5 Clinical Signs of Neonatal Abstinence Syndrome Gastrointestinal abnormalities Diarrhea Vomiting Poor feeding Regurgitation Dysmature swallowing Failure to thrive Respiratory signs Tachypnea Increased apnea Miscellaneous Skin Excoriation Neurobehavioral anomalies (Jansson & Velez, 2011) Neonatal Abstinence Scoring Designed for opiate withdrawal Not applicable for exposure to other substances such as cocaine, methamphetamines, marijuana, SSRIs Once treatment is started, titrate to effect with each dose Usual goal is consistent scores <8- but depends on constellation of symptoms Neonatal Abstinence Scoring Scoring tries to take somewhat subjective signs and symptoms and make them more objective Use variability - need to train nurses High pitched cry is common sign of true withdrawal Scoring systems Assessment tools Lipsit Neonatal Withdrawal Inventory Neonatal Narcotic Withdrawal Index Finnegan 5

6 Supportive Non- Pharmacological Intervention This is a cornerstone in the management of NAS Supportive care should be started at birth and continued throughout the infant s hospitalization Up to 30% of infants may be managed without medication Supportive Care Includes Dimly lit, quiet environment to decrease sensory stimulation Swaddling, rocking, swinging Pacifier for excessive sucking Positioning to reduce spitting or vomiting Frequent diaper changes for loose and frequent stools Special formula Medication for diaper rashes and colic Breastfeeding Pharmacologic Therapy Guidelines Drug therapy should be individualized based upon the severity of the withdrawal and most importantly, on the infant s specific drug exposure An abstinence scoring method should be initiated within 2-4 hours of birth in all infants exposed to methadone or other known substances of abuse and in any infant suspected of having significant exposure to drugs of abuse Infants without significant sign/symptoms of withdrawal (Finnegan scores 7) do not require therapy, despite the mother s history (Hudak & Tan, 2012) 6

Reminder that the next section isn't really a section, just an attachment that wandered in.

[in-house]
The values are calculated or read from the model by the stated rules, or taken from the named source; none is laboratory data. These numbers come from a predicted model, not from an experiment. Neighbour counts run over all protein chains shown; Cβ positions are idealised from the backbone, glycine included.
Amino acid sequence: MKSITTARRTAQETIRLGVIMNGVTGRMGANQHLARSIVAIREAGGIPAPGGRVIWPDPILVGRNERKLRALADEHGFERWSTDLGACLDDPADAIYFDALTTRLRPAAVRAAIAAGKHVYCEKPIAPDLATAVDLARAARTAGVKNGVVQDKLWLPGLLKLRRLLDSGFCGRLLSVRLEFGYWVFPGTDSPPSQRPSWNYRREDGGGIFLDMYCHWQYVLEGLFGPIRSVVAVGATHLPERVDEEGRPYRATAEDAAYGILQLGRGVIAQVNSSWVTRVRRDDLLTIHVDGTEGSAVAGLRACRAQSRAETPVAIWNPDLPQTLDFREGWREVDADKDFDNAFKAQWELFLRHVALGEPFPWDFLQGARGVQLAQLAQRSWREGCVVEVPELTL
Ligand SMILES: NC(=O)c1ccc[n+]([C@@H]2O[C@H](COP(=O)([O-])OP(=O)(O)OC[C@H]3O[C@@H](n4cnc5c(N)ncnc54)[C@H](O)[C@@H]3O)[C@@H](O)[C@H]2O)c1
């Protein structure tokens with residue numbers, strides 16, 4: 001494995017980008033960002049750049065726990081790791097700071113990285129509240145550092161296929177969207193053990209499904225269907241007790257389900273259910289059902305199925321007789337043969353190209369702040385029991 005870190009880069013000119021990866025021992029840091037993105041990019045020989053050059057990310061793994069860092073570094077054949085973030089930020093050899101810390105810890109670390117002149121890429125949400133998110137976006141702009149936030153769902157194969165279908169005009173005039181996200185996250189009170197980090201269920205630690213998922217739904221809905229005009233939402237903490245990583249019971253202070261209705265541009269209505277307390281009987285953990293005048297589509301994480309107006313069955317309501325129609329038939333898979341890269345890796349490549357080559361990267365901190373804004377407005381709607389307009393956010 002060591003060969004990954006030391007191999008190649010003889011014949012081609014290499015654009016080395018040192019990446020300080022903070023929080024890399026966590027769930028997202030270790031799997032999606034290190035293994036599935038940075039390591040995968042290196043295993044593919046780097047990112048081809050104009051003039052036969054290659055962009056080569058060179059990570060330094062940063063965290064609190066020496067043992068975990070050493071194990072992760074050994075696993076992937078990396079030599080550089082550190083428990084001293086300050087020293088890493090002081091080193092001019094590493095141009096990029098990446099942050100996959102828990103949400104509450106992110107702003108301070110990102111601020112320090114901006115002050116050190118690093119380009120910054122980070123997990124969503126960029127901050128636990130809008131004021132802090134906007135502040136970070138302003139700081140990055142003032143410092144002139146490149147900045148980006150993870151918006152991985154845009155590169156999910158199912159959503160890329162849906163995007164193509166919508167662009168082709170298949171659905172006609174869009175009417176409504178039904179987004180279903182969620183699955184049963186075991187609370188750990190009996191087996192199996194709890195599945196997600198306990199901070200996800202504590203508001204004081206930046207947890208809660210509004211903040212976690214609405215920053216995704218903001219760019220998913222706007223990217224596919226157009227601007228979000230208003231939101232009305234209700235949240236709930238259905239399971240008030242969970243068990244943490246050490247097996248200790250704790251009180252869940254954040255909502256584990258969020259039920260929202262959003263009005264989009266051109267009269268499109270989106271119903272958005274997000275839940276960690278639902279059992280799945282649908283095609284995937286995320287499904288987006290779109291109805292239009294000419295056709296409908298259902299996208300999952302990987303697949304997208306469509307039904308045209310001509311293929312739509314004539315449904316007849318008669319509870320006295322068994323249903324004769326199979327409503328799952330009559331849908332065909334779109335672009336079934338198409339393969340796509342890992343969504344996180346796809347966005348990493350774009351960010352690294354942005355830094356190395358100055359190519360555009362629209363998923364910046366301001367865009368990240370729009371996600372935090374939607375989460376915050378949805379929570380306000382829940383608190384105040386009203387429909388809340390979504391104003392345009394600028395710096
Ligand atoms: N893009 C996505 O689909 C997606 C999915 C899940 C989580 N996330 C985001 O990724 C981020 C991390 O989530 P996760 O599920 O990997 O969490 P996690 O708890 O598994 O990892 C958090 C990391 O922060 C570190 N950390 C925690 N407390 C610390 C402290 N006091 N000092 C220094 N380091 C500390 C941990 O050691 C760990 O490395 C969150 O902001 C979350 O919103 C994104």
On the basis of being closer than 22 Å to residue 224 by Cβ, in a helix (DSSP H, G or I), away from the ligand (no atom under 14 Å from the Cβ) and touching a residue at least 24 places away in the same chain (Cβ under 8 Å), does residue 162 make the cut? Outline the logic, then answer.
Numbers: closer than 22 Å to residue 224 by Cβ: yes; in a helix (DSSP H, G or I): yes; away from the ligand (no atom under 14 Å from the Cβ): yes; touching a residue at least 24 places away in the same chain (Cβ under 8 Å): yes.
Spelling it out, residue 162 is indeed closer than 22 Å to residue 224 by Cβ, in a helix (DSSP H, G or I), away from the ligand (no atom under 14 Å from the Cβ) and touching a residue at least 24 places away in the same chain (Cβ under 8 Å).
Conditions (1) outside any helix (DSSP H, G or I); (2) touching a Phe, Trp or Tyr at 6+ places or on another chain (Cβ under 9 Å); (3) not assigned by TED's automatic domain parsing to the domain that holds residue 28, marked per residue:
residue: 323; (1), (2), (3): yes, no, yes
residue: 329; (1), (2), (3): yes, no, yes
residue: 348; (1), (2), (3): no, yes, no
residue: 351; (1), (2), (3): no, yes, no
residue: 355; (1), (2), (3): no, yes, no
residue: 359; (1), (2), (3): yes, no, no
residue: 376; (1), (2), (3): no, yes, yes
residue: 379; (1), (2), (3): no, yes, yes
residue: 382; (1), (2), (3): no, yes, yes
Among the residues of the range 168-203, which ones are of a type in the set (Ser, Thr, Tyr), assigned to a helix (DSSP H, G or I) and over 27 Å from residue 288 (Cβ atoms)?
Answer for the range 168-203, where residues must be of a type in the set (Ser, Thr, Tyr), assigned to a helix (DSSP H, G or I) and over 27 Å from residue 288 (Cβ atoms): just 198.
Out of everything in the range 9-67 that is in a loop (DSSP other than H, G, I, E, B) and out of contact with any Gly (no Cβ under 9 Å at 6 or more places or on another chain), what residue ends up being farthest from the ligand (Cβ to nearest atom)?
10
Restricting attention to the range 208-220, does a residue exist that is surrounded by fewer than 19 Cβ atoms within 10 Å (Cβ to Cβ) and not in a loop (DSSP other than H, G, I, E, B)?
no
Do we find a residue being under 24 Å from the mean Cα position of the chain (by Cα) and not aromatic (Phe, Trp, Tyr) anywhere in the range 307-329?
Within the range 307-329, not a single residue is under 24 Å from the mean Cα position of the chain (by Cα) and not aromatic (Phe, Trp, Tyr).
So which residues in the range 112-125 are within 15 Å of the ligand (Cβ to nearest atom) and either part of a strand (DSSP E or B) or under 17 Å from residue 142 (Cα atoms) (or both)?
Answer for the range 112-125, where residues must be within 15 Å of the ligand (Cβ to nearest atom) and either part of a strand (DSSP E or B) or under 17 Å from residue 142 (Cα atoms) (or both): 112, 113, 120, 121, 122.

7 Pharmacologic Therapy Guidelines Pharmacologic treatment of withdrawal is indicated when, despite maximal supportive care, the average of 3 consecutive scores are 8 or 2 consecutive scores are > 12 Treatment of non-opiate withdrawal with opiates is contraindicated Medications should be started within 2-4 hours after infant has met criteria for pharmacologic intervention. The more severe the abstinence, the greater the need to start medications as soon as possible. Delay in treatment is associated with increased infant mortality Vomiting and diarrhea associated with dehydration due to narcotic withdrawal are indications for treatment even in the absence of high abstinence scores (Hudak & Tan, 2012) What Drugs May Be Used Specific Pharmacologic Therapy Methadone Oral morphine Phenobarbital Clonidine over sedation Chlorpromazine ½ life 3 days Diazepam ½ life 4 weeks Paregoric Diluted tincture of opium Chloral hydrate Buprenorphine (Suboxone) Subutex Suboxone without Naloxone (Ativan) (Bio et al., 2011) Methadone Consider Initiate or consider if indicated drug therapy of Methadone for maternal Methadone daily dosage of = or >80 mg Dose IV and PO preparations available (concentration 1mg/1ml) Longer duration of therapy Methadone will be the initial drug of choice in the treatment of opioid withdrawal. The IV dose is ½ of the oral dose (IV therapy for NSCU infants only) Methadone suggested dosing: 0.05 mg 0.2 mg/kg/dose ordered every 8-12 hours orally with initial dose suggested 0.1 mg/kg/dose every 12 hours 7